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Mr. Curran leaves College-Enters the Middle Temple-Letter to Mr. Weston-Letter to Mr. Keller–His first attempts in Oratory fail-His own account of the failure, and of his first success—A regular attendant at Debating Clubs --Anecdotes—His Poem on Friendship--Dr. Creagh's character of him—Mr. Hudson's predictions and friendship His early manners and habits-Subject to constitutional melancholy-Letters from London-His society in London--Anecdote of his interview with Macklin-His early application and attainments-Favorite authors-Early attachment to the Irish peasantry-His marriage-Remarks upon the English Law.

Mr. Curran completed his college studies in the early part of the year 1773, having qualified himself to a Master's degree, and passed over to London, where he became a student of law in the Society of the Middle Temple.* During his residence in England he wrote regularly, and at considerable length to his friends in Ireland. · A collection of these letters has been preserved, and as several of them contain a more striking picture of his circumstances, and of many traits of individual character, than any description by another could convey, he shall in this stage of his life be occasionally made his own biographer.

The following was written immediately after his arrival in the British capital. The gentleman to whom it is addressed was a resident of Newmarket, and one of the most attached of Mr. Curran's early friends.

* It is indispensable that every person who seeks admission to the Irish bar, shall bare " studied " (i, e., eaten a certain number of dinners during two years) at one of the Inng of the Court, in London, as well as at the Queen's Inn of law, in Dublin !--M,

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" LONDON, 31 Chandos-street, July 10, 1773.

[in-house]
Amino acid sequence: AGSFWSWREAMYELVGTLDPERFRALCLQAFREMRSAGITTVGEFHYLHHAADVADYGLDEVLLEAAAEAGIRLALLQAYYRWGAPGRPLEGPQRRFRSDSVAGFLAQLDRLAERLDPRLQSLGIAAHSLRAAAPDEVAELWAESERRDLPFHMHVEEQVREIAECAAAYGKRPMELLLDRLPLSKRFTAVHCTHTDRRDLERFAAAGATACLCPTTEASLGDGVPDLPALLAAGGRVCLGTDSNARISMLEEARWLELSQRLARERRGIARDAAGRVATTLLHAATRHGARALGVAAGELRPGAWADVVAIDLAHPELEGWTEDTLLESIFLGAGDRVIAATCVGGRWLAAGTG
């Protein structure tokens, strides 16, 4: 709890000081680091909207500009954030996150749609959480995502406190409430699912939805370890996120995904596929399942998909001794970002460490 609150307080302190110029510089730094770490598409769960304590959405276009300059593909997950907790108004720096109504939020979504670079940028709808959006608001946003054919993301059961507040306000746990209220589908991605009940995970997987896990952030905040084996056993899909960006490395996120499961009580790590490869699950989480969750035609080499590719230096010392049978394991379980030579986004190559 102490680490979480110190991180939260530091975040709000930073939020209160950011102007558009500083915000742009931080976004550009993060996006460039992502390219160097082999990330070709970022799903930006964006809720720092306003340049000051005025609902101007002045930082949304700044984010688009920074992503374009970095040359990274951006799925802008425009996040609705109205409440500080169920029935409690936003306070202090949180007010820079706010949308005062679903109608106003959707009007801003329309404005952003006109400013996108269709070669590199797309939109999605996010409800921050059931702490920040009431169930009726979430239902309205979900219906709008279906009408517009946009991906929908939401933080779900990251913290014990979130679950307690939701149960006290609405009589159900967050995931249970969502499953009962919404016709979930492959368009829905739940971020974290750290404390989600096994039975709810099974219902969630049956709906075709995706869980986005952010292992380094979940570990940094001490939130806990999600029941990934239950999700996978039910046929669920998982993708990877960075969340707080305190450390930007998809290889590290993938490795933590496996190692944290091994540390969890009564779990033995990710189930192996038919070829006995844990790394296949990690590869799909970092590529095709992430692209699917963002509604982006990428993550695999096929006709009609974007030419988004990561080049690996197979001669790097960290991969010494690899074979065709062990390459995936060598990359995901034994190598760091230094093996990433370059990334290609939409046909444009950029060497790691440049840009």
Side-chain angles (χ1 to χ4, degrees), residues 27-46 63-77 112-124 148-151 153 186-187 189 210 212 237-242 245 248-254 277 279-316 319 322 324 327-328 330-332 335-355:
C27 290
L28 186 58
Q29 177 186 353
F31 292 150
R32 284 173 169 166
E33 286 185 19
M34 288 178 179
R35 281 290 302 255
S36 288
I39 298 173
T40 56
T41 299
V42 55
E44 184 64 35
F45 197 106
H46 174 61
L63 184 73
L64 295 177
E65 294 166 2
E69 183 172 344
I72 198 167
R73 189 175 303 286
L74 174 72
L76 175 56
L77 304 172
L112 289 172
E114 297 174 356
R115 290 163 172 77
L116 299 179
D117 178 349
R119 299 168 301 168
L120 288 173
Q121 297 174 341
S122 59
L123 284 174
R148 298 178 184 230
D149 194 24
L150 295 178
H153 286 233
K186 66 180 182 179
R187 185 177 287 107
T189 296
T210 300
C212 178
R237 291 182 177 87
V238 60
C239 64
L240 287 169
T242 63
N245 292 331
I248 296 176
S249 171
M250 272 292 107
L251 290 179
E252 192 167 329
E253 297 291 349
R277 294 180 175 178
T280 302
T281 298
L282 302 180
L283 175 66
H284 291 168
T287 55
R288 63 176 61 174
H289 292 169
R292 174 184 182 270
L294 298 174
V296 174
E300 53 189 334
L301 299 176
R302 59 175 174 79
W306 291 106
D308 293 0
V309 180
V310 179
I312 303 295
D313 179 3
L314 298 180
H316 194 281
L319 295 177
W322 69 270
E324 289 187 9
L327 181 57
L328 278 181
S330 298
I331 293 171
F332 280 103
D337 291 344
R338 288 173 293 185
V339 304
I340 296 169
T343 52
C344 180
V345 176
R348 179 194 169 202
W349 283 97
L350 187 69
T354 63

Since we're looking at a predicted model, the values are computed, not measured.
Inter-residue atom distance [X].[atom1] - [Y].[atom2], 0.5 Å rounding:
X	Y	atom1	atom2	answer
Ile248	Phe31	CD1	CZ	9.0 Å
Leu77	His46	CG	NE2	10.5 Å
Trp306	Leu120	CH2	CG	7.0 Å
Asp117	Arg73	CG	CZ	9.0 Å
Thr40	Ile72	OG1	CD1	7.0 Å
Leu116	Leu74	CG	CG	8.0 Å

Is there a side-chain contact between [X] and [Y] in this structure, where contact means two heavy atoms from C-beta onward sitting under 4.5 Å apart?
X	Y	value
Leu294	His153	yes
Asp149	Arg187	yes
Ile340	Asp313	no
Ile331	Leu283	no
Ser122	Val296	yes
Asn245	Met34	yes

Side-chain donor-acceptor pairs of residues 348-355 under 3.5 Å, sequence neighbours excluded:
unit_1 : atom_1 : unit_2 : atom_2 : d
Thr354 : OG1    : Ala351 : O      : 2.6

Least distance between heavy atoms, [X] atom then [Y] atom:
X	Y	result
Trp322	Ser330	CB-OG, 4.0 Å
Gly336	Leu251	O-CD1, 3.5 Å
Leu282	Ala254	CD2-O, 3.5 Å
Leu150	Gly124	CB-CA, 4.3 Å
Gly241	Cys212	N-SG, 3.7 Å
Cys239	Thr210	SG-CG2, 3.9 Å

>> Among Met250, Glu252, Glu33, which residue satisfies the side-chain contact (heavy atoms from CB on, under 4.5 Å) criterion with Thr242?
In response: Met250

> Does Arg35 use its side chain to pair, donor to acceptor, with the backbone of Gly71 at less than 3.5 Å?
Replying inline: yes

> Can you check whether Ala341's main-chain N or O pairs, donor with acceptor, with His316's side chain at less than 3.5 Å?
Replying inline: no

* THE REV. HENRY WESTON,

NEWMARKET, CO. CORK.

“I would have taken a last farewell of my dear Harry from Dublin, if I had not written so shortly before I left it; and, indeed, I was not sorry for being exempt from a task for which a thousand causes conspired to make me, at that juncture, unqualified. It was not without regret that I could leave a country, which my birth, education, and connections had rendered dear to me, and venture alone, almost a child of fortune, into a land of strangers. In such moments of despondence, when fancy plays the self-tormentor, she commonly acquits herself to a miracle, and will not fail to collect in a single group the most hideous forms of anticipated misfortune. I considered myself, besides, as resigning for ever the little indulgences that youth and inexperience may claim for their errors, and passing a period of life in which the best can scarce escape the rigid severity of censure; nor could the little trivial vanity of taking the reins of my own conduct alleviate the pain of so dear-bought a transition from dependence to liberty. Full of these reflections as I passed the gate, I could not but turn and take a last lingering look of poor Alma-mater; it was the scene of many a boyish folly, and of many a happy hour. I should have felt more confusion at a part of the retrospect, had I not been relieved by a recollection of the valuable friendship I had formed there. Though I am far from thinking such a circumstance can justify a passed misconduct, yet I cannot call that time totally a blank, in which one has acquired the greatest blessing of humanity. It was with a melancholy kind of exultation I counted over the number of those I loved there, while my heart gave a sigh to each name in the catalogue; nay, even the fellows, whom I never loved, I forgave at that moment; the parting tear blotted out every injury, and I gave them as hearty a benediction as if they had deserved it: as for my general acquaintance (for I could